Farther Away

By Jonathan Franzen is a frequent contributor to The New Yorker and the author of, most recently, the novel “Purity.”

Once I’d diagnosed my homesickness, I was able to address it by writing letters. For the rest of the trip, I wrote in my journal every day and found myself moving away from Weidman and gravitating toward my female fellow-campers; I’d never been so successful socially. What had been missing was some halfway secure sense of my own identity, a sense achieved in solitude by putting first-person words on a page.

I was keen for years afterward to do more backpacking, but never quite keen enough to make it happen. The self I was discovering through writing turned out not to be identical to Tom’s after all. I did hold on to his old Gerry backpack, although it was not a useful general-purpose piece of luggage, and I kept alive my dreams of wilderness by buying cheap non-essential camping gear, such as a jumbo bottle of Dr. Bronner’s peppermint soap, which Tom periodically praised the virtues of. When I took a bus back to college for my senior year, I put the Dr. Bronner’s in the backpack, and the bottle burst in transit, soaking my clothes and books. When I tried to rinse out the backpack in a dormitory shower, its fabric disintegrated in my hands.

Masafuera, as the boat approached it, was not inviting. My only map of the island was a letter-size printout of a Google Earth image, and I saw right away that I’d optimistically misinterpreted the contour lines on it. What had looked like steep hills were cliffs, and what had looked like gentle slopes were steep hills. A dozen or so lobsterman shacks were huddled at the bottom of a tremendous gorge, to either side of which the island’s green shoulders rose thirty-five hundred feet into a cap of broodingly churning cloud. The ocean, which had seemed reasonably calm on the trip out, was beating in big swells against a gap in the rocks below the shacks. To get ashore, the botanists and I jumped down into a lobster boat, which motored to within a hundred yards of shore. There the boatmen hauled up the motor, and we took hold of a rope stretching out to a buoy and pulled ourselves farther in. As we neared the rocks, the boat lurched chaotically from side to side, water flooding into the stern, while the boatmen struggled to attach us to a cable that would drag us out. Onshore were breathtaking quantities of flies—the place’s nickname is Fly Island. Competing boom boxes pumped North and South American music through the open doors of several shacks, pushing back against the oppressive immensity of the gorge and the coldly heaving sea. Adding to the stricken atmospherics was a grove of large, dead trees, aged to the color of bone, behind the shacks.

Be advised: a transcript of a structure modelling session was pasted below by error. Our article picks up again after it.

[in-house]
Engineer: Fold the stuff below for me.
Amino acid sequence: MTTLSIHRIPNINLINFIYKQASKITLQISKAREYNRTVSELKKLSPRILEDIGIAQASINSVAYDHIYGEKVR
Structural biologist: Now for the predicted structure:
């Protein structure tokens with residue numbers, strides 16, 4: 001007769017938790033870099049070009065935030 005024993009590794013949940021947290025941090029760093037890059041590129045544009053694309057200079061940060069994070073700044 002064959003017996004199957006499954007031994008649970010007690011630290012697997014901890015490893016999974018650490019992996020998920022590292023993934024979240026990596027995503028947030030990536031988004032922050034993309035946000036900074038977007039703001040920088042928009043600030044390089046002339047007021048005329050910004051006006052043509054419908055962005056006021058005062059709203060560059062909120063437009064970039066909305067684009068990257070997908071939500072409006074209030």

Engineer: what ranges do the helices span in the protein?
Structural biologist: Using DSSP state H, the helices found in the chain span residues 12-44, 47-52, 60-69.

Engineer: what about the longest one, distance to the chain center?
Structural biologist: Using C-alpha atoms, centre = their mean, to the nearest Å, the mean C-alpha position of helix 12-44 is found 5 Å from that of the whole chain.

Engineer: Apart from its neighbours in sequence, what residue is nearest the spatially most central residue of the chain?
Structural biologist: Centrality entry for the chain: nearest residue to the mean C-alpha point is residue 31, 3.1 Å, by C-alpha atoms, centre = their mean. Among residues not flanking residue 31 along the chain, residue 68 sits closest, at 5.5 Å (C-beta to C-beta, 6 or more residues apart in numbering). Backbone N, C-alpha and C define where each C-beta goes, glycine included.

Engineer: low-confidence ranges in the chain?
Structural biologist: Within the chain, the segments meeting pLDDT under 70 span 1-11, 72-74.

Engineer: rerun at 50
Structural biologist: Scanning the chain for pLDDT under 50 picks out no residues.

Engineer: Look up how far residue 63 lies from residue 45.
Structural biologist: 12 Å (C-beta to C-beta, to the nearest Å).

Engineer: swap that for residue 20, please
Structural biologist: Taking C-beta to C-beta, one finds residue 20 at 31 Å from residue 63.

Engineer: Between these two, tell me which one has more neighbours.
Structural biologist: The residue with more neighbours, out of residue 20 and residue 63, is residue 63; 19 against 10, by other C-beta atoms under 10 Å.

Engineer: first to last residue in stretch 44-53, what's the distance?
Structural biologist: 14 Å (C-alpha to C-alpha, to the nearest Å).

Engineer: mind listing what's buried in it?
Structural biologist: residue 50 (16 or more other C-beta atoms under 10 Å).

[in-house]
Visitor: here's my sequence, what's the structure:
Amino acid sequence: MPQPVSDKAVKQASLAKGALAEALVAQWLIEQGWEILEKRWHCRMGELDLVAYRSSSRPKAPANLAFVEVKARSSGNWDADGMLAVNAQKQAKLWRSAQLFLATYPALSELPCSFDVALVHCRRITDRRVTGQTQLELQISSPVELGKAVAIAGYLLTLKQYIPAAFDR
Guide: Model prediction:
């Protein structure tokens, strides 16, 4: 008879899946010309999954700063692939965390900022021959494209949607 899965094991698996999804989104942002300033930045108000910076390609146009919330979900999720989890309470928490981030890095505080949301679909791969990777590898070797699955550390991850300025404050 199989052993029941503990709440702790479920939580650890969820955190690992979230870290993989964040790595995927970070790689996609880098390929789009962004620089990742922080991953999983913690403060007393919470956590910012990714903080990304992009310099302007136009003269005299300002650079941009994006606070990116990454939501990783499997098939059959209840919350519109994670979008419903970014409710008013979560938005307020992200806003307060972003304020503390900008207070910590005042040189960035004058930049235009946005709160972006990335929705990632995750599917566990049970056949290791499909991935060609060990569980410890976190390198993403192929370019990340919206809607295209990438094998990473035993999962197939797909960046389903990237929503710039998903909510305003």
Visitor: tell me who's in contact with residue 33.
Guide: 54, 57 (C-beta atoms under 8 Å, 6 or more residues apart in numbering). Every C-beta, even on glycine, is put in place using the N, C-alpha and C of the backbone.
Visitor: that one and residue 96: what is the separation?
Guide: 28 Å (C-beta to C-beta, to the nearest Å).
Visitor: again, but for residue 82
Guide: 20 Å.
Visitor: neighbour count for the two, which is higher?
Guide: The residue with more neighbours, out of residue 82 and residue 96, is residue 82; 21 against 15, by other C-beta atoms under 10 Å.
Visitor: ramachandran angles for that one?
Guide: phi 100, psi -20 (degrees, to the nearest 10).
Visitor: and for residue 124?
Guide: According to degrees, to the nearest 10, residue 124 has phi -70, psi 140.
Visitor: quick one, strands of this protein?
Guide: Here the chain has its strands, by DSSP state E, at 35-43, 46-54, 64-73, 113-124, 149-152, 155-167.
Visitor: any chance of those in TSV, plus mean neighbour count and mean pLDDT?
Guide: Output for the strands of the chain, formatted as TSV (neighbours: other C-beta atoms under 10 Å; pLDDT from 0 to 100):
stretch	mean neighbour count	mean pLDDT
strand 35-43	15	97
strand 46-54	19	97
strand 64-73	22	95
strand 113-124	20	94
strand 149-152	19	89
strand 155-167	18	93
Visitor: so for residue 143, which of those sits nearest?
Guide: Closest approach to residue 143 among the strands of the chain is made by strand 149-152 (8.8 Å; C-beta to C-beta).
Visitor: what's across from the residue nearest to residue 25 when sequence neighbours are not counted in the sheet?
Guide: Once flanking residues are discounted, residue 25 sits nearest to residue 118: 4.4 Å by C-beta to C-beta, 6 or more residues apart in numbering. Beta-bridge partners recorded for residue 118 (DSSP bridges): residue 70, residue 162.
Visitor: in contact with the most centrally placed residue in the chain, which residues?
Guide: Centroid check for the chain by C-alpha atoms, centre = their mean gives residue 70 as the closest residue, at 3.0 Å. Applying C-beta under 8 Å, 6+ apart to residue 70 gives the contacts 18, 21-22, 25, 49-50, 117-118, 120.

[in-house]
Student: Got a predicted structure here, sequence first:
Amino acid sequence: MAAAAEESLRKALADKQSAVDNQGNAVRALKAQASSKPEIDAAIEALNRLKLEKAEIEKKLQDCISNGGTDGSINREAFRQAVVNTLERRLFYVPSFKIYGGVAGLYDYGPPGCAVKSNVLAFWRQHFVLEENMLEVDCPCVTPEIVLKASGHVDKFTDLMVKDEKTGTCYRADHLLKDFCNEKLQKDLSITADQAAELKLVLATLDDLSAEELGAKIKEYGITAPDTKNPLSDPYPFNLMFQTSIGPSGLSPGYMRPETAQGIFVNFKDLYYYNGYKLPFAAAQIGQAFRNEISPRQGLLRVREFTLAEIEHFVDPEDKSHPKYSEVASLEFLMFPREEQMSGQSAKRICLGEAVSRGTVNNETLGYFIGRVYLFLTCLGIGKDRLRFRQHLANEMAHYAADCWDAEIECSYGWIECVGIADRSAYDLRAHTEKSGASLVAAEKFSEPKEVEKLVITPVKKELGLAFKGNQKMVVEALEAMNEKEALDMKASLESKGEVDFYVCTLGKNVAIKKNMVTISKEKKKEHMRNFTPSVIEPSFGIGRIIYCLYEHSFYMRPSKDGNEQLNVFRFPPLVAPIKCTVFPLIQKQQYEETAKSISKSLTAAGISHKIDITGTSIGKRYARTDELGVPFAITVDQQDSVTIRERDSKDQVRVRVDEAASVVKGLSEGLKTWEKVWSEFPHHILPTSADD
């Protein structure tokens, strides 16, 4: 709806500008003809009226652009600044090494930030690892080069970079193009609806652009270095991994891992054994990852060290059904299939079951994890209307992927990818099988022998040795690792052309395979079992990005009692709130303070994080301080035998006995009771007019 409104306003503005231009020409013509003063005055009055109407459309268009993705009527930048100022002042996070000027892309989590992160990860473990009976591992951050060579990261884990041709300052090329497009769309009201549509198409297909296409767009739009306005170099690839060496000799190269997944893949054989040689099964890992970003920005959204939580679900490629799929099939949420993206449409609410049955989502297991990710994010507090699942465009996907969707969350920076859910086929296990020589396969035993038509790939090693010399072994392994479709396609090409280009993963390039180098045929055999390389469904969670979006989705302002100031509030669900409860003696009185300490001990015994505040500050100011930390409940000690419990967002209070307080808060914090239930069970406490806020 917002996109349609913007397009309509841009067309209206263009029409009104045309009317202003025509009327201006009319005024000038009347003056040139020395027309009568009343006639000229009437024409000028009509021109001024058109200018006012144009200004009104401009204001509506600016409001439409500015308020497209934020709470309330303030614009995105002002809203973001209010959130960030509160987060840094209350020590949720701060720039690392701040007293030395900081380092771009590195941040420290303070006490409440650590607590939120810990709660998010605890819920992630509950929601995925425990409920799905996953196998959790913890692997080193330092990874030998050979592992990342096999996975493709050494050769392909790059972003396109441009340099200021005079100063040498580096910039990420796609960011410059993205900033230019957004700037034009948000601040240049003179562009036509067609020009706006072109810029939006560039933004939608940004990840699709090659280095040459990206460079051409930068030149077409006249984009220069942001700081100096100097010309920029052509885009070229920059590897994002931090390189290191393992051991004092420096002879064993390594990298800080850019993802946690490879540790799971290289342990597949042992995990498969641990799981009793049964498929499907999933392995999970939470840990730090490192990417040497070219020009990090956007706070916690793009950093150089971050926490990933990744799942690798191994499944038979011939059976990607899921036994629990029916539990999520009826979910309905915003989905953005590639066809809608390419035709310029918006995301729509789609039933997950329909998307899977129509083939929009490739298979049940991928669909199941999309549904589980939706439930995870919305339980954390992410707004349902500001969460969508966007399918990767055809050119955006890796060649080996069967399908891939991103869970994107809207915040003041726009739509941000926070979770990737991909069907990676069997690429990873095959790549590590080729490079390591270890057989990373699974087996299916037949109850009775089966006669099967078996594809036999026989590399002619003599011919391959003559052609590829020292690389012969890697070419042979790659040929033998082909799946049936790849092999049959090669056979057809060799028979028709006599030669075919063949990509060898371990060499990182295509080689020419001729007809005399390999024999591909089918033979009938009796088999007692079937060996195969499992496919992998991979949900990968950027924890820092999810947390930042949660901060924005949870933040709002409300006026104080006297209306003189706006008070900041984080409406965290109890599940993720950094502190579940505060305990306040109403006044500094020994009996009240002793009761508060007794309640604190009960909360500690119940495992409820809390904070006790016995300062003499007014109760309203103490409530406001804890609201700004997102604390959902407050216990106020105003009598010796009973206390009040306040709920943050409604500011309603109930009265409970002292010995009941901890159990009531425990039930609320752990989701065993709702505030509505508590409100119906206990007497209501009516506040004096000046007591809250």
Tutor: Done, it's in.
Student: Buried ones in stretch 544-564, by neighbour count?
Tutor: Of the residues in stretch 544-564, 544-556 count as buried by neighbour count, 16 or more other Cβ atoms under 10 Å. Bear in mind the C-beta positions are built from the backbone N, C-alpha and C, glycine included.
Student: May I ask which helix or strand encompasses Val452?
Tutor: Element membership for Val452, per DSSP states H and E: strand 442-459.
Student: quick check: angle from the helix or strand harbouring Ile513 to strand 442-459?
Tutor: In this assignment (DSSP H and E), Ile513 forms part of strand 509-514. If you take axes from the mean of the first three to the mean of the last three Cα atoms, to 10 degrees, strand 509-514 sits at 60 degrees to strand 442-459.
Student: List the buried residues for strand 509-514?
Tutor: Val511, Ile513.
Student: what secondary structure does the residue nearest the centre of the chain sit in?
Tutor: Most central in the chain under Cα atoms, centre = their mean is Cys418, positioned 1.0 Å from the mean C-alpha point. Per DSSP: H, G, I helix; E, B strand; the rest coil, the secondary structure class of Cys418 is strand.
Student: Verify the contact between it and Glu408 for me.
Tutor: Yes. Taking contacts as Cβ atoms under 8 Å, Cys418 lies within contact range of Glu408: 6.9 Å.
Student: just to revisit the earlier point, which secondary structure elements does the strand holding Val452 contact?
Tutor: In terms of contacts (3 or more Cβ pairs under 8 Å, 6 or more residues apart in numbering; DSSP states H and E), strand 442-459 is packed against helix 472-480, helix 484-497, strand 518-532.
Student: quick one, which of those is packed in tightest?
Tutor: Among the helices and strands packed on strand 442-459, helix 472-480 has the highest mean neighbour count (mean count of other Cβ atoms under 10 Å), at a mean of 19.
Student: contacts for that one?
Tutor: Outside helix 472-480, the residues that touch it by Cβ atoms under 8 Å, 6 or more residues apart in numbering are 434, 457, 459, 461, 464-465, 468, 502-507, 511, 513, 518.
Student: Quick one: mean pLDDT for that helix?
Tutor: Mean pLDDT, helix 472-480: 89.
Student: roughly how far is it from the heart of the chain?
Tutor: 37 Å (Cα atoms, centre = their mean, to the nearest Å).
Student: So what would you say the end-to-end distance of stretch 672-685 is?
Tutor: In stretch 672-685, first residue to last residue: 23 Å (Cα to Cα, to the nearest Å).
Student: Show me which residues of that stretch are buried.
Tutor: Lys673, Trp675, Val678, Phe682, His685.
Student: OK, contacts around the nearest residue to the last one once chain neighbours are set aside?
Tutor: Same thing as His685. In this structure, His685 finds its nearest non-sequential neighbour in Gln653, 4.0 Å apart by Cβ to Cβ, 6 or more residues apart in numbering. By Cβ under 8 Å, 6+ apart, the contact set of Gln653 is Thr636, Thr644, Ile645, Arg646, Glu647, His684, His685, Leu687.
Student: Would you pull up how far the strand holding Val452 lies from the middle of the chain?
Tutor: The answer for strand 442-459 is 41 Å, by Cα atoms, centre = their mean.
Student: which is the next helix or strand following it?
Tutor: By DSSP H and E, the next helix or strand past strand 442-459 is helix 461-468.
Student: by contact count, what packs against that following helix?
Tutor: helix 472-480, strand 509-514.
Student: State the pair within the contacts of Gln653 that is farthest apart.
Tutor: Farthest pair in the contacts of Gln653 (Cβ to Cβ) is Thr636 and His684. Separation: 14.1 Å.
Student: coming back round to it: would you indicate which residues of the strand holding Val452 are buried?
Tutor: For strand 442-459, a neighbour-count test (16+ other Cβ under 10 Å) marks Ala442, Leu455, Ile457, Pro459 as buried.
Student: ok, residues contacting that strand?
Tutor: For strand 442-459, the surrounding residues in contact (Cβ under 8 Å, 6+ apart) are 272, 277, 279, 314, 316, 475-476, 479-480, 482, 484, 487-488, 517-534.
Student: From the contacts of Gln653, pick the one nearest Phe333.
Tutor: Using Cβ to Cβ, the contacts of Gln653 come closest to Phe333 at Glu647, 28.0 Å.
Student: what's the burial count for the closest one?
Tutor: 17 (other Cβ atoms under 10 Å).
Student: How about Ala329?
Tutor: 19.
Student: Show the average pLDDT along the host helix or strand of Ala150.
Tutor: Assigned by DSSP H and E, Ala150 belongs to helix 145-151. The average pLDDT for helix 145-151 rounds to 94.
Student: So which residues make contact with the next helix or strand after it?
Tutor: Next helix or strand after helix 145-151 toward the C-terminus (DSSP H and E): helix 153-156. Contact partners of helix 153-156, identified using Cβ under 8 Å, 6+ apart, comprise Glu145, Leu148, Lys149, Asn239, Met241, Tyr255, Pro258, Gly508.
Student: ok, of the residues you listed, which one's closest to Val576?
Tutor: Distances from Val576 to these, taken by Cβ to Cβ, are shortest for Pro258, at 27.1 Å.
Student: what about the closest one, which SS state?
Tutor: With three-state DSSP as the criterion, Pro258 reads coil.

My companions for the trek to the interior were the young park ranger, Danilo, and a poker-faced mule. Considering the steepness of the island, I couldn’t even pretend to be disappointed not to carry my own pack. Danilo had a rifle strapped across his back, in the hope of killing one of the non-native goats that had survived a Dutch environmental foundation’s recent effort to eradicate them. Under gray morning clouds that soon turned to fog, we hiked up interminable switchbacks and through a ravine lush with maquis, an introduced plant species that is used to repair lobster traps. There were discouraging quantities of old mule droppings on the trail, but the only moving things we saw were birds: a little gray-flanked cinclodes and several Juan Fernández hawks, two of Masafuera’s five terrestrial bird species. The island is also the only known breeding site for two interesting petrels and one of the world’s rarest songbirds, the Masafuera rayadito, which I was hoping to see. In fact, by the time I’d left for Chile, seeing new bird species was the only activity that I could absolutely count on not to bore me. The rayadito’s population, most of which lives in a small high-altitude area on the island called Los Inocentes, is now thought to number as few as five hundred. Very few people have ever seen one.

Sooner than I’d expected, Danilo and I arrived at La Cuchara and saw, in the fog, the outlines of a small refugio, or ranger’s hut. We’d climbed three thousand feet in just over two hours. I’d heard that there was a refugio at La Cuchara, but I’d imagined a primitive shack and hadn’t foreseen what a problem it would pose for me. Its roof was steep and tethered to the ground by cables, and inside it were a propane stove, two bunk beds with foam mattresses, an unappetizing but serviceable sleeping bag, and a cabinet stocked with dry pasta and canned foods; apparently, I could have brought along nothing but some iodine tablets and still survived here. The refugio’s existence made my already somewhat artificial project of solitary self-sufficiency seem even more artificial, and I resolved to pretend that it didn’t exist.

Danilo took my pack off the mule and led me down a foggy path to a stream with enough water trickling in it to form a little pool. I asked him if it was possible to walk from here to Los Inocentes. He gestured uphill and said, “Yes, it’s three hours, along the cordones.” I thought of asking if we could go there right now, so that I could camp nearer to the rayaditos, but Danilo seemed eager to get back to the coast. He departed with the mule and his gun, and I bent myself to my Crusovian tasks.

The first of these was to gather and purify some drinking water. Carrying a filtration pump and a canvas waterskin, I followed what I thought was the path to the pool, which I knew wasn’t more than two hundred feet from the refugio, and I immediately got lost in the fog. When I finally located the pool, after trying several paths, the tube on my pump cracked. I’d bought the pump twenty years earlier, thinking it would come in handy if I was ever alone in the wilderness, and its plastic had since gone brittle. I filled up the skin with somewhat turbid water and, despite my resolution, entered the refugio and poured the water into a large cooking pot, along with some iodine tablets. This simple task had somehow taken me an hour.